Obama: Iran should not wait for next U.S. president
Reuters
Published: Friday July 25, 2008


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PARIS - U.S. presidential candidate Barack Obama said on Friday Iran should not wait for the next administration to halt its uranium enrichment program.

Speaking at a joint news conference with French President Nicolas Sarkozy in Paris, Obama said Iran should accept the trade and technical incentives the six world powers have offered in exchange for ending its uranium enrichment.

"Iran should accept the proposals that President Sarkozy and the EU 3 plus 3 are presenting now. Don't wait for the next president because the pressure, I think, is only going to build," he said.

Sarkozy and Obama joked about their common immigrant backgrounds as, respectively, the son of a Hungarian and of a Kenyan. By the end of the news conference, Sarkozy was calling Obama by his first name.

"France is happy to welcome Barack Obama, firstly because he's American and the French love Americans," he said, before making a long, pointed pause during which the comment drew laughter from the traveling U.S. press corps.

He stopped just short of actually endorsing the 46-year-old senator but made it clear he would be happy if he won the November presidential election.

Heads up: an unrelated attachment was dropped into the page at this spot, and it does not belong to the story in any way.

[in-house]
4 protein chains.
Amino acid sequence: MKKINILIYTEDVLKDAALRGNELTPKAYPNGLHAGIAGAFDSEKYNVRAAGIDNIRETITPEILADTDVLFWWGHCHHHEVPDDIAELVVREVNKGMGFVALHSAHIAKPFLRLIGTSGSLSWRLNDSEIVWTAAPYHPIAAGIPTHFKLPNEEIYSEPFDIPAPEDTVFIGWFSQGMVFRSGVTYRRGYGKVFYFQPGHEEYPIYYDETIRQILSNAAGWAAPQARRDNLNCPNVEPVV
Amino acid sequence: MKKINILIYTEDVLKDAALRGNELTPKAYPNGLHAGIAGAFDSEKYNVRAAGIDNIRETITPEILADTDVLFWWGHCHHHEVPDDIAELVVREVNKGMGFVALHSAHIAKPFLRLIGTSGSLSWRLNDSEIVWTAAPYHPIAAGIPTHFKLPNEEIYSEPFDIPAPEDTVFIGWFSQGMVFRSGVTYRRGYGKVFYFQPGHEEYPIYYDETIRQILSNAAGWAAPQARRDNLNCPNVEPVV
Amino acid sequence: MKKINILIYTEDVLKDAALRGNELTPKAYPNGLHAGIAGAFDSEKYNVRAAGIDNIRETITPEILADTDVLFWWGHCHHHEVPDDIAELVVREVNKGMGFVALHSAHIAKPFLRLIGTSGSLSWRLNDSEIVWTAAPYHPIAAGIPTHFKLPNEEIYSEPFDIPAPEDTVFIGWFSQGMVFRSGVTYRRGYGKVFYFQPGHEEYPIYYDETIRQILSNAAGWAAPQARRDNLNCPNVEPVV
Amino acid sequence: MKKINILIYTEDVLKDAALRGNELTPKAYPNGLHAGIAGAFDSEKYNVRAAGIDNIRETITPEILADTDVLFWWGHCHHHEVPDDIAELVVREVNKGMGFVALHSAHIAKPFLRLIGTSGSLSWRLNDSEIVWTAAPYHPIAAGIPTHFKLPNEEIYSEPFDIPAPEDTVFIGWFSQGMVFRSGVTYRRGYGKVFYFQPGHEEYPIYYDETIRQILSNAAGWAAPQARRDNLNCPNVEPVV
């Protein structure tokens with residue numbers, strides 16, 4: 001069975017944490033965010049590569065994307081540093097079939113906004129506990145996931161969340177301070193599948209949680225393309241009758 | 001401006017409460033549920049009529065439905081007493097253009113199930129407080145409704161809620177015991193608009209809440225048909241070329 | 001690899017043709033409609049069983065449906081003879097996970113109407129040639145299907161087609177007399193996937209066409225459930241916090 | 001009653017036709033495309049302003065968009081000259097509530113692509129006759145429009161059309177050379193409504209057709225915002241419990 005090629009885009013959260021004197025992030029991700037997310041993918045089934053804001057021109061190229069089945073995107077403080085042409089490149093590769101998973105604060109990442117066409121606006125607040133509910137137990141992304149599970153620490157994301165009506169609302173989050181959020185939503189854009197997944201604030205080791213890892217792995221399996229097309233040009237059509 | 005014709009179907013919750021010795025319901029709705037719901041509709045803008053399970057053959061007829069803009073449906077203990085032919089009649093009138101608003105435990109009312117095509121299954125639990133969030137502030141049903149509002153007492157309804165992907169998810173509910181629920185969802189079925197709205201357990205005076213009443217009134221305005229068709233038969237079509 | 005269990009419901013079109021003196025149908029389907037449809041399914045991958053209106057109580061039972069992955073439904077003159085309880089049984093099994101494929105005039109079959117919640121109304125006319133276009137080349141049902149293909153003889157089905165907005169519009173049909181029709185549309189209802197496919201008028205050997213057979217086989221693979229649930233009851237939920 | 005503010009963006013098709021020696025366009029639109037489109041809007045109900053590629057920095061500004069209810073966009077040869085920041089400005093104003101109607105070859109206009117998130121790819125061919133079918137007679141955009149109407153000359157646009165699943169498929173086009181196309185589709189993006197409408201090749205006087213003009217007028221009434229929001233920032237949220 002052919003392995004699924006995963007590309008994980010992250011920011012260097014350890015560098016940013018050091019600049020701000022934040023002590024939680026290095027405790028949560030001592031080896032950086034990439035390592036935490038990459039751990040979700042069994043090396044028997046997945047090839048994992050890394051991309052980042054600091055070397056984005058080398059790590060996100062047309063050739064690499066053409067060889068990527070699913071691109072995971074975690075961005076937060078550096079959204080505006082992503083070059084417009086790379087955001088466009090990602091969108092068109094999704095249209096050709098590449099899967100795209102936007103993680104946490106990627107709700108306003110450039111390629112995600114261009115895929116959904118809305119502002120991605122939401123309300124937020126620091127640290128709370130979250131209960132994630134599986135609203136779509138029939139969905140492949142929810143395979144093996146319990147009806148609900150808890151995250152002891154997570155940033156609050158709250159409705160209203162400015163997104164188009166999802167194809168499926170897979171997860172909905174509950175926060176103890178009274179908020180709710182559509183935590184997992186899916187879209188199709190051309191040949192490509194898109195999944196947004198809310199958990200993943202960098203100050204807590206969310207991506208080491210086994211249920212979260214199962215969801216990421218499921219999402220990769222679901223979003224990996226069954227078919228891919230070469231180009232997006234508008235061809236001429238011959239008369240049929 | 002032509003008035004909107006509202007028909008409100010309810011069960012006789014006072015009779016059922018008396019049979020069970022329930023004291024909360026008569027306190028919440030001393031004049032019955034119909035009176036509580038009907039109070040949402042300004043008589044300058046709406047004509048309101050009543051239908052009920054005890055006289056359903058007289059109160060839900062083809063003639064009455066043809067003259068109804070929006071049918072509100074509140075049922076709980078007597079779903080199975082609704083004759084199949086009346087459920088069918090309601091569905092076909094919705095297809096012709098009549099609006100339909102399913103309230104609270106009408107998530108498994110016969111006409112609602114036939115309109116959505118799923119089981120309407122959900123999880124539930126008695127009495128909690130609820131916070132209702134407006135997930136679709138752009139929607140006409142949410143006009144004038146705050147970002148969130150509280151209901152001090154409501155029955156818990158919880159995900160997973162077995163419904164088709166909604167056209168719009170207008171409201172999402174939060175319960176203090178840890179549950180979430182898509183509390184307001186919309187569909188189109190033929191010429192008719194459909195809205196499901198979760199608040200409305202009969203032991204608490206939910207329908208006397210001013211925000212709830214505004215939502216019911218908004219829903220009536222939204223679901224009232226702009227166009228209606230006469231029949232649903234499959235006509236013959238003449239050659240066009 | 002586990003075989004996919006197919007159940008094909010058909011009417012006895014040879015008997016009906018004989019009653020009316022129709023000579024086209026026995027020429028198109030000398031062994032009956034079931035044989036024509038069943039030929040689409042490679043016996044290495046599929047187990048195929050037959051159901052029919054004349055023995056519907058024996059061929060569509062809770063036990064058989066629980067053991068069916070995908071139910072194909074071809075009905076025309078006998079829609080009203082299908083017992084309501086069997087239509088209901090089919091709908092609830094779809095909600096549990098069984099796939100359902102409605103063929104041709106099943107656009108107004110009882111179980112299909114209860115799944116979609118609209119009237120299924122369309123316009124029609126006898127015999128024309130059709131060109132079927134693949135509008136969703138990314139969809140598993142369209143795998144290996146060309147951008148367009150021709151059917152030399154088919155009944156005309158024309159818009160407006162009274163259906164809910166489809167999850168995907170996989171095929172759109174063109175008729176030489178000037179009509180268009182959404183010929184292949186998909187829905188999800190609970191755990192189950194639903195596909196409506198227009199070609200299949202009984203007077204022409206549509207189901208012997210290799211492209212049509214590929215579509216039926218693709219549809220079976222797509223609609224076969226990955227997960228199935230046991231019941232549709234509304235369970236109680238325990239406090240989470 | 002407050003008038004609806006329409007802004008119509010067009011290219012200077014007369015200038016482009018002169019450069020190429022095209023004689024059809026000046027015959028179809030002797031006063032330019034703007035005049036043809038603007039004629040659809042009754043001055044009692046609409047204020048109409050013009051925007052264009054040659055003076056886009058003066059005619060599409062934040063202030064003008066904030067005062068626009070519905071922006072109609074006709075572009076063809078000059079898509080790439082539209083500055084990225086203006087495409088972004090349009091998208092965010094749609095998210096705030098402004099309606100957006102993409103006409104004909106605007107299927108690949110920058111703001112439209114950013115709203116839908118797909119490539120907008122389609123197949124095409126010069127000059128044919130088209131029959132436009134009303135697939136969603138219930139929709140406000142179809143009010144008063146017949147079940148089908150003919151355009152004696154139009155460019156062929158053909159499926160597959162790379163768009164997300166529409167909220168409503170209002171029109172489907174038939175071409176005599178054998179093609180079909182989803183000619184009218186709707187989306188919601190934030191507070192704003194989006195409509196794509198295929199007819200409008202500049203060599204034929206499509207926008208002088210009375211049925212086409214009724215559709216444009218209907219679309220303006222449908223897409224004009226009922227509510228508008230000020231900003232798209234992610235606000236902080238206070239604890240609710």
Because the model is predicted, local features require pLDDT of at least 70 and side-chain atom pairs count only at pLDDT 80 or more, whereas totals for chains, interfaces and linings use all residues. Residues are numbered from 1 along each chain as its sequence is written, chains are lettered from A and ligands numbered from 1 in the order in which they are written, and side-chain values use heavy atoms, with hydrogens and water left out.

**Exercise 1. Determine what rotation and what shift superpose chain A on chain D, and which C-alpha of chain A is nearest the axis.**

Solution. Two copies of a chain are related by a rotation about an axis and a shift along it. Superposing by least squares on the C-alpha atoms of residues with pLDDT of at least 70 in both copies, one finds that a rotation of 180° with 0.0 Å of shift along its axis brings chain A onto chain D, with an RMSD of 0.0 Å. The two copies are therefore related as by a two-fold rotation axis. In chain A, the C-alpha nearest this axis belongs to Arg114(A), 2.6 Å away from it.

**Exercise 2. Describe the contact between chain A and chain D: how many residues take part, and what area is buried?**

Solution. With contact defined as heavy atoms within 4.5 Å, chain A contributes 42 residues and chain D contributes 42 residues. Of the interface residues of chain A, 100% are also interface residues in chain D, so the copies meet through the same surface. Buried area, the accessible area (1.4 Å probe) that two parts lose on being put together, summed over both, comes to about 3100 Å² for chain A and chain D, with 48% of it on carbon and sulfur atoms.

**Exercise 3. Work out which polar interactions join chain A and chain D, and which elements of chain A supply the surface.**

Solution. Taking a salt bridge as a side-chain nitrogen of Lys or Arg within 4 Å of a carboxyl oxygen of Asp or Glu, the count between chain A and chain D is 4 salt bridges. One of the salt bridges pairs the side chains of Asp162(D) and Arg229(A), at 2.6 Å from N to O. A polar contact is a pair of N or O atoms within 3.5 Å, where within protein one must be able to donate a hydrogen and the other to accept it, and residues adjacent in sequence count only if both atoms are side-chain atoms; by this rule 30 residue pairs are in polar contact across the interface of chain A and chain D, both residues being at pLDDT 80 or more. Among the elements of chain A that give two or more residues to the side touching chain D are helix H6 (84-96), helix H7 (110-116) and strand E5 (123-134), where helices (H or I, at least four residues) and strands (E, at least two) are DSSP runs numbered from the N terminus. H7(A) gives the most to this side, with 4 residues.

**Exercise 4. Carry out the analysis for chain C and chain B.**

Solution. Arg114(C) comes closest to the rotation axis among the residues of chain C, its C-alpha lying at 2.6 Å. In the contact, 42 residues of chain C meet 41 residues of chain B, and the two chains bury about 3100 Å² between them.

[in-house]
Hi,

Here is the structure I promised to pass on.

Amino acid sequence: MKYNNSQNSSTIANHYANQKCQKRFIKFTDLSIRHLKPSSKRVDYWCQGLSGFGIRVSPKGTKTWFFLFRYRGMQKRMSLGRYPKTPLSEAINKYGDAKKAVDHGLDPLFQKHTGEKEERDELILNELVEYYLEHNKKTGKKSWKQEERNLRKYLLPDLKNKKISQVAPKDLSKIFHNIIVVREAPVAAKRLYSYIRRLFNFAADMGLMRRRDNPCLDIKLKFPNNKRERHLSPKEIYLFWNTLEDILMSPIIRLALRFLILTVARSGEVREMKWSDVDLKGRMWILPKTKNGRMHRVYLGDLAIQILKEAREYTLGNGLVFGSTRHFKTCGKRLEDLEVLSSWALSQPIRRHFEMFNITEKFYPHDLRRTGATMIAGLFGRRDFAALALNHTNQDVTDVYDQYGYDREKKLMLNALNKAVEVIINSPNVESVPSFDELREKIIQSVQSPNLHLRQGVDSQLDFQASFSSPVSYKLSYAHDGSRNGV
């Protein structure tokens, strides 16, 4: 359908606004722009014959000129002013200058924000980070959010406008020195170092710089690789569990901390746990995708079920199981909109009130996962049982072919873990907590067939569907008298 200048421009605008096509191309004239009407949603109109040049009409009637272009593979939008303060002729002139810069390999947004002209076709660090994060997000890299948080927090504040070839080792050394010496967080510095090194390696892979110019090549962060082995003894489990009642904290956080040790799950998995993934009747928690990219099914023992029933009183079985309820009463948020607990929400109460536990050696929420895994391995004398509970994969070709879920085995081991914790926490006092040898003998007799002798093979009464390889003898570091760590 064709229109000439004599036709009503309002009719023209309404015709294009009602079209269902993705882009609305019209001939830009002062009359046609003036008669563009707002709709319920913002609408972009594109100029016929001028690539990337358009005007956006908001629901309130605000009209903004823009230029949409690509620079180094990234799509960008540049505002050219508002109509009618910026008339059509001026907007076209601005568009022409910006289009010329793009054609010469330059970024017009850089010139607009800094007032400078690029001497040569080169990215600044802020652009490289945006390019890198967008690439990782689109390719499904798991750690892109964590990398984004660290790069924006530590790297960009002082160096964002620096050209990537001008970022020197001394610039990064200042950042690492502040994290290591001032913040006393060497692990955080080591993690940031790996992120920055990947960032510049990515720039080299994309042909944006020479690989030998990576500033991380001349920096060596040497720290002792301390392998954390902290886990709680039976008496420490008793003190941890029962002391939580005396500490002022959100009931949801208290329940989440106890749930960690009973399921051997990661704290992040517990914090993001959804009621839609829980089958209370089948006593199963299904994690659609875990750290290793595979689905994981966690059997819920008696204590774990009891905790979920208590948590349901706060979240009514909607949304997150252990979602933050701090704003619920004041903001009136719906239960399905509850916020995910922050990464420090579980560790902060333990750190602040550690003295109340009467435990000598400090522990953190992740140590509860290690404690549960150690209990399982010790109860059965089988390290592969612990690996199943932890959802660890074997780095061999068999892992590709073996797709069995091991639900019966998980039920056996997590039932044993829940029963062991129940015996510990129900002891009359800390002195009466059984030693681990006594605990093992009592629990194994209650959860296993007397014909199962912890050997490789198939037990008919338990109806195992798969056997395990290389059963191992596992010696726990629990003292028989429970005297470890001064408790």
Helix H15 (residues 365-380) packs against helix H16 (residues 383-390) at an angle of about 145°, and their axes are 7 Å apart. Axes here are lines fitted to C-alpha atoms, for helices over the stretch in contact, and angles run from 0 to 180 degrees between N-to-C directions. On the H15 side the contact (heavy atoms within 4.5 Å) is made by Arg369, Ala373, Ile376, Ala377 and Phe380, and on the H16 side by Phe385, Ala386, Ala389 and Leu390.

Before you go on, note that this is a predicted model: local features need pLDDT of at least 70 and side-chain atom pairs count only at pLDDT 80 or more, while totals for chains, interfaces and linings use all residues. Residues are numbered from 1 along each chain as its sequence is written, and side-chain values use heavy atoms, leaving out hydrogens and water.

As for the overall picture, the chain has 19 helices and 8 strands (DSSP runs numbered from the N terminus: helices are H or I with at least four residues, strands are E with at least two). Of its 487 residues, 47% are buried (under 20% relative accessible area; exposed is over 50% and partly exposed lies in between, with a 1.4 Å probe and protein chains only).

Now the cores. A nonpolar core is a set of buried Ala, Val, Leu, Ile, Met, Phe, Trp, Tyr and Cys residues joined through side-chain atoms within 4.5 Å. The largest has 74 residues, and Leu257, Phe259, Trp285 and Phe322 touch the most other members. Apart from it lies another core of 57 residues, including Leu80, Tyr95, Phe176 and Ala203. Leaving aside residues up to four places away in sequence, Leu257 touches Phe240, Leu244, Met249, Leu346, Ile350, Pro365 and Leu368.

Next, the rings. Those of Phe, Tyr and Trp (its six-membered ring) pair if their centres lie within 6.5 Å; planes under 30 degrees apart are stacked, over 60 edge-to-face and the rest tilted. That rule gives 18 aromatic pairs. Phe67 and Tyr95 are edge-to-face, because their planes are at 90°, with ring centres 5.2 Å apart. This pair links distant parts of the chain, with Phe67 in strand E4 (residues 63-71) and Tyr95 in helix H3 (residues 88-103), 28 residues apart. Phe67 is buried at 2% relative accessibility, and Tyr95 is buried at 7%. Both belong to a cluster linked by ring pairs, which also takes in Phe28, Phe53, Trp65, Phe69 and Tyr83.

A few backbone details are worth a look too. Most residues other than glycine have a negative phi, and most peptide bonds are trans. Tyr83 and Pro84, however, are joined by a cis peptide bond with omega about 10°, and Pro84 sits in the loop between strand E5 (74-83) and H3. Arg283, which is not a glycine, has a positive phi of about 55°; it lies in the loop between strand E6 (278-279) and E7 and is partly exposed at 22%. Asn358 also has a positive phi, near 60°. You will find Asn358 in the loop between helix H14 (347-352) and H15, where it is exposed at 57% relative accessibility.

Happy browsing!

"Good luck to Barack Obama. If it's him, France will be happy and if it's not him, France will be a friend of the United States of America," he said.

Obama repaid Sarkozy in kind, praising him for his dynamism. "I'm asking him what he eats so that I can find out how I can always have as much energy as this man beside me. He's on the move all the time," he said.

Obama's brief visit to Paris was part of a fast-paced international tour intended to counter charges that he lacks the foreign policy experience needed to be Commander-in-Chief. He left for London after the meeting with Sarkozy.

His rival in the November election, Republican John McCain, has been sharply critical of Obama's call for greater engagement with Iran, saying it was irresponsible and naive.

President George W. Bush, who had long opposed direct talks with Iran over its nuclear program, sent senior U.S. diplomat William Burns to talks in Geneva on Saturday with Iranian officials.

Envoys from the United States, Russia and China as well as the three European powers, Britain, France and Germany -- the so-called sextet of world powers -- attended the Geneva meeting.

 
 


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